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After that they're sanded down smooth. Here's the million dollar skill: sanding down cylindrical shapes while retaining said cylindrical shape.

 

I use the infini softback sanding sponges as they confirm to the shape of the surface better. Still not perfect but better than using bare sand paper or sanding sticks. Once paint is one you usually don't notice some sides being flatter than the other.

 

If anyone has the magic bullet strategy on how to do this better I'm all ears. Here they are sanded down. Will be describing the lines on them soon.

 

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Finally, the fins are added which are no small feat to get centered properly. There's a raised guideline but it's useless. You have to eyeball the placement and go blind in the process.

 

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Ideally italeri should've molder the fin on one end of the tank and then it self centers when you slap the other half on. That's how most kits do it...but oh well.

 

Next I'll be in fuselage sanding/filling/rescribing hell. Already started on some of it using super glue. But there are some major gaps that will need some Milliput.

Edited by Fox_Two
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Minor update. Still plugging away at sanding, filling, and rescribing.

 

Here are some examples of what good receiving can do. 

 

Before:

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After:

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Most rescribing and rivets were done with a simple needle in a pin vise.

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Still sanding and filling. Nothing is a drop fit on here. In the images below you can see the gaps I filled on the underside and the engine exhaust.

 

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And here are the airbrakes attached and the holes drilled out for them.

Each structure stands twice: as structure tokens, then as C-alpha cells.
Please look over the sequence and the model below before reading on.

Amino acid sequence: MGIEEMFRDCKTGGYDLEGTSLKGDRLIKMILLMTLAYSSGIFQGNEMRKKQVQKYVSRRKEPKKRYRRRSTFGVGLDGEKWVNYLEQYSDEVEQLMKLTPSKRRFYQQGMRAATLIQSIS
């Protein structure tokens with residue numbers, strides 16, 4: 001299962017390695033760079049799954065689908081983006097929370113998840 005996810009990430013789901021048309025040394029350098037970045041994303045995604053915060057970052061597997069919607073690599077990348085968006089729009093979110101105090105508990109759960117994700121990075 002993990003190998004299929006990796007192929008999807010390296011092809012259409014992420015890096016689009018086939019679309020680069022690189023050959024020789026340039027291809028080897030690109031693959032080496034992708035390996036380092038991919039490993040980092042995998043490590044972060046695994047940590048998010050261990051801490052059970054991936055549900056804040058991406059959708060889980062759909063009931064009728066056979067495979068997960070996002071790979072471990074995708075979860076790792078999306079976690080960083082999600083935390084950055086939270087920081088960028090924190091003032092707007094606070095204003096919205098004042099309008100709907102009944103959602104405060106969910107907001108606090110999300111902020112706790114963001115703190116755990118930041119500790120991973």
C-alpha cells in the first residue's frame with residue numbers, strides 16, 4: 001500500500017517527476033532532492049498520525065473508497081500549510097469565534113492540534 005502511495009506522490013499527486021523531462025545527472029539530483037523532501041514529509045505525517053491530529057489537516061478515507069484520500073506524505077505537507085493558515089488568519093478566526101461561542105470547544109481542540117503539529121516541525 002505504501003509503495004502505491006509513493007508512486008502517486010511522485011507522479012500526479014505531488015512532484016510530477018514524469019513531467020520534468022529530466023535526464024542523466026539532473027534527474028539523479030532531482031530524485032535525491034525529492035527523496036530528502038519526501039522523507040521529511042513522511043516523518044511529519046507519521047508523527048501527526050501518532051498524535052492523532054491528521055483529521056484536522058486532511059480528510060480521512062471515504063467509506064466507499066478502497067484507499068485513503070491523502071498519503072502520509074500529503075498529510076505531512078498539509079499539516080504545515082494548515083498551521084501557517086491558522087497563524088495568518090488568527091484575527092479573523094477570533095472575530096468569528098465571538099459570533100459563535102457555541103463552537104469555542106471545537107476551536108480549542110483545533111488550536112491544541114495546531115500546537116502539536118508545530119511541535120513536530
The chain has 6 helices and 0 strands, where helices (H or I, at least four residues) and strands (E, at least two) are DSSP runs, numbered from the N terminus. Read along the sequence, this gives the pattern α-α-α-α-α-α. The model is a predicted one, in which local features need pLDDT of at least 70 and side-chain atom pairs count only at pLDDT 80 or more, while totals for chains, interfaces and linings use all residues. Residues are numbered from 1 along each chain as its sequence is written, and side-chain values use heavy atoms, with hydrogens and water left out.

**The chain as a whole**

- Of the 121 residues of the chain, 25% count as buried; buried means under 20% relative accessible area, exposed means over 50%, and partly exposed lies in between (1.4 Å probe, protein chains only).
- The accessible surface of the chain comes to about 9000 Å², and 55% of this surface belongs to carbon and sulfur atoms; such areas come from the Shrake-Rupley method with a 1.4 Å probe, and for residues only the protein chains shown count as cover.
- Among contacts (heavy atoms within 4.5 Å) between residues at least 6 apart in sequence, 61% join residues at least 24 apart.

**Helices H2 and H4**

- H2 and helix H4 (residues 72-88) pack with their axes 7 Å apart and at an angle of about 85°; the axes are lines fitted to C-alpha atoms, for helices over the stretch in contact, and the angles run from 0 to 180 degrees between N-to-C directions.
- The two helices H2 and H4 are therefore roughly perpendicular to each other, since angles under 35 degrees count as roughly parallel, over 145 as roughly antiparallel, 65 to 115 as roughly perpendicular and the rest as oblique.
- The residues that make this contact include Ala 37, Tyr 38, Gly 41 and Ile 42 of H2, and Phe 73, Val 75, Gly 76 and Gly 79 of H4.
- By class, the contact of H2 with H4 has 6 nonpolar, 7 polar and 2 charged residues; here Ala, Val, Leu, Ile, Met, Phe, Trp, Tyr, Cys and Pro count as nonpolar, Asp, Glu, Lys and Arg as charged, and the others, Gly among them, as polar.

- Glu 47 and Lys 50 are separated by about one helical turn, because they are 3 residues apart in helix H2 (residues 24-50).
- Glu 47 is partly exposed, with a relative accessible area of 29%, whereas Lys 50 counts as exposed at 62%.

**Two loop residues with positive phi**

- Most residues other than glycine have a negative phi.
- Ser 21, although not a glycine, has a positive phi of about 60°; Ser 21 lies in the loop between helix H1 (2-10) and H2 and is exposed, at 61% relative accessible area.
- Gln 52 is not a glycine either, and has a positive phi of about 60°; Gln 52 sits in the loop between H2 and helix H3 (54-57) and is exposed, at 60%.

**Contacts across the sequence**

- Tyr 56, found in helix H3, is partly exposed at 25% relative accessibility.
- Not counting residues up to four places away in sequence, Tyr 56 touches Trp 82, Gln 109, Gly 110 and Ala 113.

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Not pictured but I attached the forward intakes, and the inner portion of the wings to the fuselage. I also dropped some lead weight in the nose and once the glue dries, will attach it.

 

I also dry fit the forward windscreen...and...well...were going to have a problem. It has some major gaps. But I knew it would be problem from reviews I read. I'll post pictures of the dry fit later.

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The putty party continues...What's funny though is that there are no big gaps or egregious fits that cause you bust out hours of *basic modelling skillz*. While most of the attachments are NOT a good fit, they don't require too much putty or sanding.

 

In this image you can see some marked off areas that were in need of putty and sanding. You can see the gaps aren't horrible. This isn't an old Revell/Monogram kit here, but it is still annoying.

 

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Here you can see the gaps on the wings. Nothing too bad but not a drop fit either. We want to clean this up since we're displaying the wings folded. Another annoyance is the gaps inside the wing you can see on either side. The wing is three pieces with the top, bottom, and folding mechanism (in the center). I could try to fill it but it would be more trouble than it's worth. Another issue are the numerous ejector pin marks. Almost impossible to sand though out. I might drill them out or just add more detail over them. Or I'll just say *F* it and leave them.

 

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So what I like to do here is attack it with acrylic putty. In this case, Deluxe Perfect Plastic Putty. It goes down rough and sticky so I use tape to mask off the area. Then apply it and smooth it out with a q-tip. After it dries for a bit I smooth it out again with a wet q-tip while being liberal with the water on it. That way the putty begins to pool in the gap while removing it from the rest of the area. It works really well in hard to reach places where a tougher putty like Tamiya would be impossible to sand without damaging the model.

 

Let's talk about sanding sponges for a minute. I love my Infini sanding sticks. They're softback and are great at conforming to compound surfaces. Where regular sandpaper might flatten a surface, these keep the shape. Beware though, using them on straight edges can (and has for me) resulted in a curved or drooped edge. Oops!